I also realised that, like many, I drank to destress. Whether it was a glass of wine at the end of a long week, or a full-on blowout to reset the system - I always thought alcohol was helping. Not so. It's now proven that alcohol only presses the pause button on stress and anxiety. Once the effects start to wear off, the symptoms actually come back worse than before. Without alcohol in my system, my anxiety petered out and stressful situations became so much more manageable. I felt much more capable of taking on issues or setbacks. And Sunday night fear became a thing of the past.
No fear: Kate Gunn cut out drinking for a month but has stayed off alcohol ever since
So one by one, the myths dissolved, the issues left, and the positive aspects kept multiplying. My productivity and happiness soared. I became that irritating Instagram friend who posts pictures of 5am swim rises and 10k runs. I finished a diploma, painted the house, did a triathlon, ran a sub-50-minute 10k race, hiked 120k of the Camino, was promoted in work, and wrote a book. Alcohol had been holding me back without my even realising it.
I also saved a heap of money. Going out becomes so much more affordable without endless bottles to buy and late-night taxis to hail. I actually began to go out more often because it wasn't such an expense, or a hassle, plus I didn't have to factor in next day hangovers. I do more now than I ever did with alcohol by my side.
I'm finally no longer embarrassed to say I don't drink - in fact I'm proud of it. And as time goes on, I realise that more and more other people are interested in how to do it too. And if you've just finished dry January and are considering staying away from alcohol, you might be one of them.
The health risks of alcohol are becoming so much more evident to us these days. Alcohol is linked to seven forms of cancer, including breast cancer and bowel cancer - the less you drink, the lower your risk. A bit like smoking really…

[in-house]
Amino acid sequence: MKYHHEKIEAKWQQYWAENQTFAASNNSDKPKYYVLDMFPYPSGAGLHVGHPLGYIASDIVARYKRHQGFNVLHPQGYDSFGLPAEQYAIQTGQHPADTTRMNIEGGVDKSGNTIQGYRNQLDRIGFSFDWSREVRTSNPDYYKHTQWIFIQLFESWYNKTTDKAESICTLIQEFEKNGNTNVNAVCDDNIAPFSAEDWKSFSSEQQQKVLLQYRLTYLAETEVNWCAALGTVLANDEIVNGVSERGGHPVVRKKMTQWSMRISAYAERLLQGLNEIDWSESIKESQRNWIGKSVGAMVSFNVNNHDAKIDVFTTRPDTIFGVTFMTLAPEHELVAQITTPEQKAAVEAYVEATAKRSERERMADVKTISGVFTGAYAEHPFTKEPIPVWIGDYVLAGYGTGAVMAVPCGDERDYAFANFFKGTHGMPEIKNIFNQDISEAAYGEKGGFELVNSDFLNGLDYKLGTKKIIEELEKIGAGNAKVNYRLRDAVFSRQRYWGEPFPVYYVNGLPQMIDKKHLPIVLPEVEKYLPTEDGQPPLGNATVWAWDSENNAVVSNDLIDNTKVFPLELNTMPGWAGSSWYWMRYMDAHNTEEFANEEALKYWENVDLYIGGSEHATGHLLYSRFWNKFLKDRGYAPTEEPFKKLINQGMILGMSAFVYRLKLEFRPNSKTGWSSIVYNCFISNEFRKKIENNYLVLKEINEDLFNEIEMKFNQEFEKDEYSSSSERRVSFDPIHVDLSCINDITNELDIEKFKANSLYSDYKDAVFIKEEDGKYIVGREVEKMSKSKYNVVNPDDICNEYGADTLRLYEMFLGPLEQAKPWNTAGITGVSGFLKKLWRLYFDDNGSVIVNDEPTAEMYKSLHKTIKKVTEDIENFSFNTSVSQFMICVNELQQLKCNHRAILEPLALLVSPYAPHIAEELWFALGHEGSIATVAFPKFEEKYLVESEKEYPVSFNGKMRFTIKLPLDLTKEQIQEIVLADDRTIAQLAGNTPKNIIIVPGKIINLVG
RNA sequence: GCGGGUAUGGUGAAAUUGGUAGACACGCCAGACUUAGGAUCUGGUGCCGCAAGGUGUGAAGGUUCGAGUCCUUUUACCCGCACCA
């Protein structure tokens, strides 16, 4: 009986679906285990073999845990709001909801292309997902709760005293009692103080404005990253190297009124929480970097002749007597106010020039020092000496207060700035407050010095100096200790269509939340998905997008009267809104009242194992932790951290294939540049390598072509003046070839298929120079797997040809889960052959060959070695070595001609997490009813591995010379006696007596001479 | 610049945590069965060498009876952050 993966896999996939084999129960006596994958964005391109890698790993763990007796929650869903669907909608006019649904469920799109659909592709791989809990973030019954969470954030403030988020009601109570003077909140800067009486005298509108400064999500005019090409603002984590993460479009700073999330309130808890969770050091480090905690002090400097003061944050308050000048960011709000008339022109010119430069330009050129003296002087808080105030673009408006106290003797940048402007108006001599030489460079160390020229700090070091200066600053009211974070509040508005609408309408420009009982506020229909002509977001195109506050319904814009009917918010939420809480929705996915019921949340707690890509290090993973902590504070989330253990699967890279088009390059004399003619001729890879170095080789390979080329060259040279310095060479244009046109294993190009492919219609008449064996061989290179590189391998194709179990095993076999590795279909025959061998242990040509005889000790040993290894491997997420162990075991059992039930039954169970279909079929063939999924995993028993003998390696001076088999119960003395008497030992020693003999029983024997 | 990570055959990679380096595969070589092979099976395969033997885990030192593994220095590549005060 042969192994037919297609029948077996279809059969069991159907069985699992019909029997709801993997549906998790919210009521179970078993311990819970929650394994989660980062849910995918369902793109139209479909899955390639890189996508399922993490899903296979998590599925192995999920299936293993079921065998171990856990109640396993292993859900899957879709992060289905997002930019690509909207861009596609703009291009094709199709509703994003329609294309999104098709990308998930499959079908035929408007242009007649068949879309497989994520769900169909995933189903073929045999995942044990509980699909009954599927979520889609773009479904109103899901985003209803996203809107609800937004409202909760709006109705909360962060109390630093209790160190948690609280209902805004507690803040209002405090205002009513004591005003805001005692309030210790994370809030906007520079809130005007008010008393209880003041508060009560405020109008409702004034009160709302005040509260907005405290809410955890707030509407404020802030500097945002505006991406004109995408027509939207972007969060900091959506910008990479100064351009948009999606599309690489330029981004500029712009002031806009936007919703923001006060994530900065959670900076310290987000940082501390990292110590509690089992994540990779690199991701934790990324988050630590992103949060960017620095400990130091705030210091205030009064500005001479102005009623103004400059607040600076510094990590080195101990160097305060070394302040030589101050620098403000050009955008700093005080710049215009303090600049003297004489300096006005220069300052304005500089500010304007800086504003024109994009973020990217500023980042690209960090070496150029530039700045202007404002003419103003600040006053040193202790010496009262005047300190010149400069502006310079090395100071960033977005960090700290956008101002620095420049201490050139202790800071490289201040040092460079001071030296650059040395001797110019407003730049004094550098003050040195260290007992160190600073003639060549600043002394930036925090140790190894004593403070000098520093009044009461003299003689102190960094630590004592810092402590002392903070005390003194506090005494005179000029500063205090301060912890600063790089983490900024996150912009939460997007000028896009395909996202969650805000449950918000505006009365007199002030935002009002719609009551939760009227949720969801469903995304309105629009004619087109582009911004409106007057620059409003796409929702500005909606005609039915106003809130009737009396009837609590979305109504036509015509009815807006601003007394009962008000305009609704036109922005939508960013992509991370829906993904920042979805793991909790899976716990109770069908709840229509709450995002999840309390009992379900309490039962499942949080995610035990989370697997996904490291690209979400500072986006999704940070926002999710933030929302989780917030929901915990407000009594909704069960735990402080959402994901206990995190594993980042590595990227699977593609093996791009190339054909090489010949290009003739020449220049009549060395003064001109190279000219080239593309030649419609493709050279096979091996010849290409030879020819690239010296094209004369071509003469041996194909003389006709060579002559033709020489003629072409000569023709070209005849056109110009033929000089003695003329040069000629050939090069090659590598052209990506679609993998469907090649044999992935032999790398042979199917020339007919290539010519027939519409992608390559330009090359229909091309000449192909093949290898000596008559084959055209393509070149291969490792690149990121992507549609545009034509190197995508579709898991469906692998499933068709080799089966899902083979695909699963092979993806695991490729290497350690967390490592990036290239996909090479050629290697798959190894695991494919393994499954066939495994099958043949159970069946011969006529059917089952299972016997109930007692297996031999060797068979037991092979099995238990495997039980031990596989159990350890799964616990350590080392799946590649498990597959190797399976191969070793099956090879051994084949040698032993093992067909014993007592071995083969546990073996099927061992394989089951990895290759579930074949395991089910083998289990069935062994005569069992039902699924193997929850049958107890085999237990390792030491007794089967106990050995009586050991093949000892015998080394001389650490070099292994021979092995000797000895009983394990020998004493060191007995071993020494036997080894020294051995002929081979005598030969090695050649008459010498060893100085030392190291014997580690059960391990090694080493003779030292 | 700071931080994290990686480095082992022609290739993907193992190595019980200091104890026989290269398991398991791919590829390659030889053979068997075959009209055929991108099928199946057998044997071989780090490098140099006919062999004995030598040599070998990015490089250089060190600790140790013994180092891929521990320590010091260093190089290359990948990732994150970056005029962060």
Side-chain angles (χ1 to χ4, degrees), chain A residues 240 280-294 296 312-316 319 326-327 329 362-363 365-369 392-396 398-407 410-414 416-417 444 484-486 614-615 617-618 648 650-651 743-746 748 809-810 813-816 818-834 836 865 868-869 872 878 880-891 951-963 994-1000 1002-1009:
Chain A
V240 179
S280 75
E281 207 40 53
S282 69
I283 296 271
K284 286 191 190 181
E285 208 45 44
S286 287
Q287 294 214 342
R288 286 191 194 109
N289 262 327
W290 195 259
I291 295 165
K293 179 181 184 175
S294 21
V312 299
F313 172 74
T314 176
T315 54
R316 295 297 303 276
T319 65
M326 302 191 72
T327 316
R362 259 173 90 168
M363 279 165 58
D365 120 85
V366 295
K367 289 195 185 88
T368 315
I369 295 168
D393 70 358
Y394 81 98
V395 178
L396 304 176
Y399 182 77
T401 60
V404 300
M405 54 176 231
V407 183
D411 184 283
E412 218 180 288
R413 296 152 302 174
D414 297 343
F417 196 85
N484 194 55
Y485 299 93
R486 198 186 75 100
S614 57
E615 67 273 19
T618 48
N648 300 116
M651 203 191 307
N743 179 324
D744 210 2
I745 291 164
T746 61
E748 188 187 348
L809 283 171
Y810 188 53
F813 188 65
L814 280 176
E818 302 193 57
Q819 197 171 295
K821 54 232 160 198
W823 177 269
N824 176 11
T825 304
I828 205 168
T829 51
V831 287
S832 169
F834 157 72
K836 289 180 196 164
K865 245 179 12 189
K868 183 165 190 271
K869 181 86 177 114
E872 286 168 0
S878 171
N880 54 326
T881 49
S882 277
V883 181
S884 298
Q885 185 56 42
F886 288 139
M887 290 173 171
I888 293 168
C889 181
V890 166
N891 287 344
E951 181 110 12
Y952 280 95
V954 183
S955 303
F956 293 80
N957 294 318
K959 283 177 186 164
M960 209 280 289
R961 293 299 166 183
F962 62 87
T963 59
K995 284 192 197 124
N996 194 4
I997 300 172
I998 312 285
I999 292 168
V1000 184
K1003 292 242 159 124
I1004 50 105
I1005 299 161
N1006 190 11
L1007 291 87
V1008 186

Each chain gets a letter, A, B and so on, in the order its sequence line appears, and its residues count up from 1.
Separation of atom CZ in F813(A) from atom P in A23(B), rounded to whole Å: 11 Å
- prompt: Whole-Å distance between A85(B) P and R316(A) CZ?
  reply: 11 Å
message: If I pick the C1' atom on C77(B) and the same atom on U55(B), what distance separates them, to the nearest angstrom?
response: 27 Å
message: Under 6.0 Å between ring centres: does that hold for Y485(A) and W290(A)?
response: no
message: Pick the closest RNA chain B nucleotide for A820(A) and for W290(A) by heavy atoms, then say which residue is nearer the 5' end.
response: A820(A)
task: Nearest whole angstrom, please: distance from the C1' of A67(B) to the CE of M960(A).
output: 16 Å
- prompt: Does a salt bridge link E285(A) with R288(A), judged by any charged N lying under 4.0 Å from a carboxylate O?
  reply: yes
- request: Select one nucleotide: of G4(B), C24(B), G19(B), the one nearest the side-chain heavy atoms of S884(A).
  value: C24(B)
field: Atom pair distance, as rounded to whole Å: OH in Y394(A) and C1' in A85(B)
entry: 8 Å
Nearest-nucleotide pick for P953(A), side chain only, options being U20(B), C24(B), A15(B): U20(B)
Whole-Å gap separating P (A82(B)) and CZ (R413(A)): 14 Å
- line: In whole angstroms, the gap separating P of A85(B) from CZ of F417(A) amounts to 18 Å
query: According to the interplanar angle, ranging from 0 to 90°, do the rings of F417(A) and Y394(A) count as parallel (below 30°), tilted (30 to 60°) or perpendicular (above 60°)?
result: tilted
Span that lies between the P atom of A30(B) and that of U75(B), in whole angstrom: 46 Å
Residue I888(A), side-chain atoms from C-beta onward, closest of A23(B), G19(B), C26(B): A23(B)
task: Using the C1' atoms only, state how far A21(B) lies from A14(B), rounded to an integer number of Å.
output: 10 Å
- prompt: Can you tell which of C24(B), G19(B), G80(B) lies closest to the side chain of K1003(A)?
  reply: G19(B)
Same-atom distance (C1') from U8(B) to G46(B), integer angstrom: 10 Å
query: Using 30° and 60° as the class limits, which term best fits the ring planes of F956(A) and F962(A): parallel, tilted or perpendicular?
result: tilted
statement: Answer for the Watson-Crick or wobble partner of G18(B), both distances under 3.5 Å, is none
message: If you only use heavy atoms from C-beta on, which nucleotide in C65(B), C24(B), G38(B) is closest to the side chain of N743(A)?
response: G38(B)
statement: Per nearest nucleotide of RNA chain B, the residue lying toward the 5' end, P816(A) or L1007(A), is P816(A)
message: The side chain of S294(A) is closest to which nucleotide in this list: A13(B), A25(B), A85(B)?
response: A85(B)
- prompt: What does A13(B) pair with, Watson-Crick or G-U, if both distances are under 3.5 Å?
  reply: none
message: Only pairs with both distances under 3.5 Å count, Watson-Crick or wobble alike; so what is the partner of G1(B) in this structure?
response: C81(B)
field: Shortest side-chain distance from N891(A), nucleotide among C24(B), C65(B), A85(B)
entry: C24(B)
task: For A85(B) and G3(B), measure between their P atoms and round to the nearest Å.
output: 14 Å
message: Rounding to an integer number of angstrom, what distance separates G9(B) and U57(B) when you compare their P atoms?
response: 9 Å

Alcohol can contribute to diabetes, heart disease and pancreatitis, as well as liver disease and mental health issues. But we're finally getting more clued in. The tide is beginning to turn - even here in Ireland. With big breweries such as Guinness, Heineken and Budweiser all bringing out new zero per cent alcohol beers, as well as independents like Brew Dog joining in, you know there has been serious thought put into how the market is changing.
Brand new spirits, such as Seedlip and Silk Tree, are giving non-drinkers more options when out on the town or at home. Coupled with alcohol-free prosecco and wines, non-drinkers are now spoiled for choice. Indeed, if you're still hiding the fact that you're on the dry, your friends probably won't even notice. And if you're a little further down the line and have managed to persuade a couple of others to join you, the first alcohol-free pub is just about to open its doors in Dublin. Our culture has normalised drinking so much that to not drink is considered suspicious and boring - but it's worth breaking the spell once in your adult life to see whether you like the view from the other side.
As for me, I'll be staying over here, enjoying life and looking forward to a better and healthier old age. I even started a pension with the money I saved from not drinking each month - so really, who said non-drinkers are boring?
This post originally appeared on Independent.ie.